I want to comment on the American Episcopal Bishop, Michael Curry, who was asked to give the message at the royal wedding. He may have missed a golden opportunity. I don’t mean that he could have shortened his message or that his subject on God’s love was not a good one. He was certainly enthusiastic about what he was saying.
It was a message on love which was appropriate for a wedding. However, he only briefly mentioned Jesus with some words on “redemption” without explaining it clearly., Jesus gave his life and rose from the dead to bring redemption to mankind. He is the essence of God’s love.
Bishop Curry had an audience of a life-time with millions if not billions of people watching. Many of those people know nothing about the love of God or His redemptive power. Jesus is the “GREATEST LOVE of all, but we have to receive His Love just as one would receive a beautiful gift. This Perfect Love seemed to be minimized and somewhat lost as the sermon went on with other unrelated thoughts on “industrialization” and changin the world. This was unfortunate and disappointing.
God’s love and mercy also includes reconciliation, not division. When Bishop Curry began to talk about slavery…much of which could be contributed to the fore-fathers of the elite British audience in attendance…the message brought up a painful subject to many. As much as they might like to do so, the wedding congregation cannot go back and change their history. Neither can the Americans who came from England and bought the slaves to work their plantations. History is to be learned from, not lived over and over.
The bride and groom planned their wedding to be inclusive with choirs singing spirituals, which may have not been heard in St. George Chapel. This may have been a good, inclusive and memorable part of the wedding service. Some are saying, “Bishop Curry stole the show.” Perhaps…but his style of preaching was a genuine style of preaching for him and his background. The Anglicans have their style and he was in their territory for the day. If they were made to feel “uneasy,” perhaps the bridal party should have thought of that earlier.
We may want to be one, big world-family with everyone singing the same song and loving one another throughout the entire world. It is a lofty message. How likely is that to happen? Never…until Christ comes back and every eye shall see Him and every knee bows before Him. That will be real PEACE AND LOVE.
A brief history of St. George Chapel: St. George’s castle chapel was established in the 14th century by King Edward III and began extensive enlargement in the late 15th century. It has been the location of many royal ceremonies, weddings and burials… Windsor Castle is a principal residence for Queen Elizabeth II and its chapel is the planned burial site for the Queen. Other kings are buried here as well as some familiar names:
- Jane Seymore Queen of England, in 1537
- Henry VIII King of England and Ireland, in 1547
- Charles I King of England, Scotland and Ireland, in 1649 (credit Wikipedia)
VIDEO: St. George Chapel Choir rehearses for the wedding day.
Congratulations to the new couple.
Extremely rich Americans, in days past, have played a roll in saving British families and their palaces from ruin and bankruptcy. American families, on the other hand, wanting the titles that went with the union between themselves and the British noblemen, flocked to the parties in England to find their “prince” charming. The parents sent their young women into a lion’s den of British customs that they were unused to in their lives in America. In many cases, the history of the lives of those who took this road was filled with heartbreak and sadness.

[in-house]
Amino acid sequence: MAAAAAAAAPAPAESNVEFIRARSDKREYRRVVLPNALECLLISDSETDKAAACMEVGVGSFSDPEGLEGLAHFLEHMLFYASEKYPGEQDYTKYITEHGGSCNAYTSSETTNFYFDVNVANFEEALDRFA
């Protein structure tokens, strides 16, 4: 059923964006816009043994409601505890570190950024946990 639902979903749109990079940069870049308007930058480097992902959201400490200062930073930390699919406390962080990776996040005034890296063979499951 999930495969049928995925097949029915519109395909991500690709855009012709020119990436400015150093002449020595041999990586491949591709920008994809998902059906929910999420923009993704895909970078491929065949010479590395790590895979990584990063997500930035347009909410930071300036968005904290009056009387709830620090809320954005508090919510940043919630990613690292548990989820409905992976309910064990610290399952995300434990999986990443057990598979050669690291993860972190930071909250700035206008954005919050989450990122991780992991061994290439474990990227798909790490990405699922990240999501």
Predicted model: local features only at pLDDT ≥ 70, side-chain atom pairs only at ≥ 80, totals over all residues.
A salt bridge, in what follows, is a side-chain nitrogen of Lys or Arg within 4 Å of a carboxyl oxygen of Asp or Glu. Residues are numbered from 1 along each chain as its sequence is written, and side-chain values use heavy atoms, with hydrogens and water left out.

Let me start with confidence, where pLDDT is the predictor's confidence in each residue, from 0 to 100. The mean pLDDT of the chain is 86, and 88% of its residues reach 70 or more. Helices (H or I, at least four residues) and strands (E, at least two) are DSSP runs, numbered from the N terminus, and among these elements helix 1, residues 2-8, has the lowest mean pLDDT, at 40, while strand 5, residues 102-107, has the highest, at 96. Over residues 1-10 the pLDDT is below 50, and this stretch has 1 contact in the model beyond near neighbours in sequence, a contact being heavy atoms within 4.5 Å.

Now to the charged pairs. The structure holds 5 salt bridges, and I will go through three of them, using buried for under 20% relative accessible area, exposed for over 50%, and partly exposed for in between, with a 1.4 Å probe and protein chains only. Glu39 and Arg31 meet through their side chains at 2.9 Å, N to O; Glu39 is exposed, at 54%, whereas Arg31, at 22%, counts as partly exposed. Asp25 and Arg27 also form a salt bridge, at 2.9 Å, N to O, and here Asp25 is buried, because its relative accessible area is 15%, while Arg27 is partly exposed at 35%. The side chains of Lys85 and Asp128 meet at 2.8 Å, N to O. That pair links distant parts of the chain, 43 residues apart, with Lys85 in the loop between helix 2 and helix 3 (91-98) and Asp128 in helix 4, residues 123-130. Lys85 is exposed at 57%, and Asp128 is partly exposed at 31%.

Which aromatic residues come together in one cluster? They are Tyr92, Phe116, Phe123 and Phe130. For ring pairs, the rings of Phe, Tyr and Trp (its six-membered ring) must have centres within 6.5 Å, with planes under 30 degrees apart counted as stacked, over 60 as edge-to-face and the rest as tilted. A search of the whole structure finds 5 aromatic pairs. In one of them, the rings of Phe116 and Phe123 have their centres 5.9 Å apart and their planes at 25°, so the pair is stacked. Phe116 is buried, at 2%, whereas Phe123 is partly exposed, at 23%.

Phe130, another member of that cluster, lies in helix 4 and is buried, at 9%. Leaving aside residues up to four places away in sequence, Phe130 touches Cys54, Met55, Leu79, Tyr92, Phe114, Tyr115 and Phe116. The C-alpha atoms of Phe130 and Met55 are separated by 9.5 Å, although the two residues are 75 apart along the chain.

We here in the United States and around the world will glue ourselves to the TV to witness another formal bonding of a member of the Royal family and an American. Most will wonder why anyone would want to give up their freedoms to enter into a press world of paparazzi or a life when one’s every move is scrutinized….is beyond belief! Life in a castle could not be that great…and outside would probably be worse. It may be hard to just go out for a burger and an ice cream! Though the circumstances may be different from those American heiresses in the video below, one wonders what this life-style will bring to those willing to take the chance. Years from now, the memoirs of those who take this gigantic step in becoming a “duchess” or some other title will perhaps reveal the true story. Yes, history has strong lessons, that most will not learn.
In this blog and on this occasion of modern-day Royal wedding, we present a historical look at American women who have married men of the British elite. In particular, we learn about the daughter of the American Vanderbilt family, Consuelo, (shown above) and the British Duke of Blenheim Castle.
We definitely hope for a better outcome for the Duke and Duchess of Sussex, as they wed and perhaps take that title.
VIDEO (Turn up sound and click on YouTube if instructed) Credit Smithsonian Channel
History tells us of women who were saviors of many things and leaders when men were expected to carry the torch. As my husband and I plan to travel to our country’s Capital, Washington, D.C., I felt it was important to also find out something about Mt. Vernon, which was the home of our first President, General George Washington.
Probably the home, which had fallen into disrepair would not be here today if it had not been for the efforts of a woman from South Carolina. As she sailed down the Potomac River, she saw the mansion and could not believe that the people of our nation would allow this historic place to disintegrate in front of the world. This woman was Louisa Dalton Bird Cunningham who told her daughter, Ann, of the disgraceful situation. In fact, there had been plans to demolish Mt. Vernon.
Never heard of Louisa or Ann Cunningham? Most likely you have not. You probably have not heard of the Mount Vernon Ladies’ Association either, but they are women who should be honored for restoration efforts. This is the story, according to Wikipedia:
Ann Pamela Cunningham (August 15, 1816, Rosemont Plantation, South Carolina – May 1, 1875) is credited with saving George Washington’s beloved home Mount Vernon from ruin and neglect. In a letter to Ann Pamela, Cunningham’s mother described the crumbling condition of the estate as she saw it in 1853 while on a steamship heading down the Potomac River. Cunningham was in her 30s and, having been crippled in a riding accident as a teenager, decided she would initiate a campaign to save the estate. She raised funds to purchase Mount Vernon by launching an unprecedented appeal for donations through newspaper articles directed toward “the Ladies of the South” and founded The Mount Vernon Ladies’ Association of the Union, the group that still owns and manages Washington’s estate, and served as its first regent. The group purchased Mount Vernon for $200,000. The Mount Vernon Ladies’ Association is the oldest private preservation organization in the United States. It is directed by a Board of Regents, comprised solely of women, who represent nearly 30 states.
We congratulate these women for their efforts to restore rather than destroy our history.
VIDEO (Turn up sound)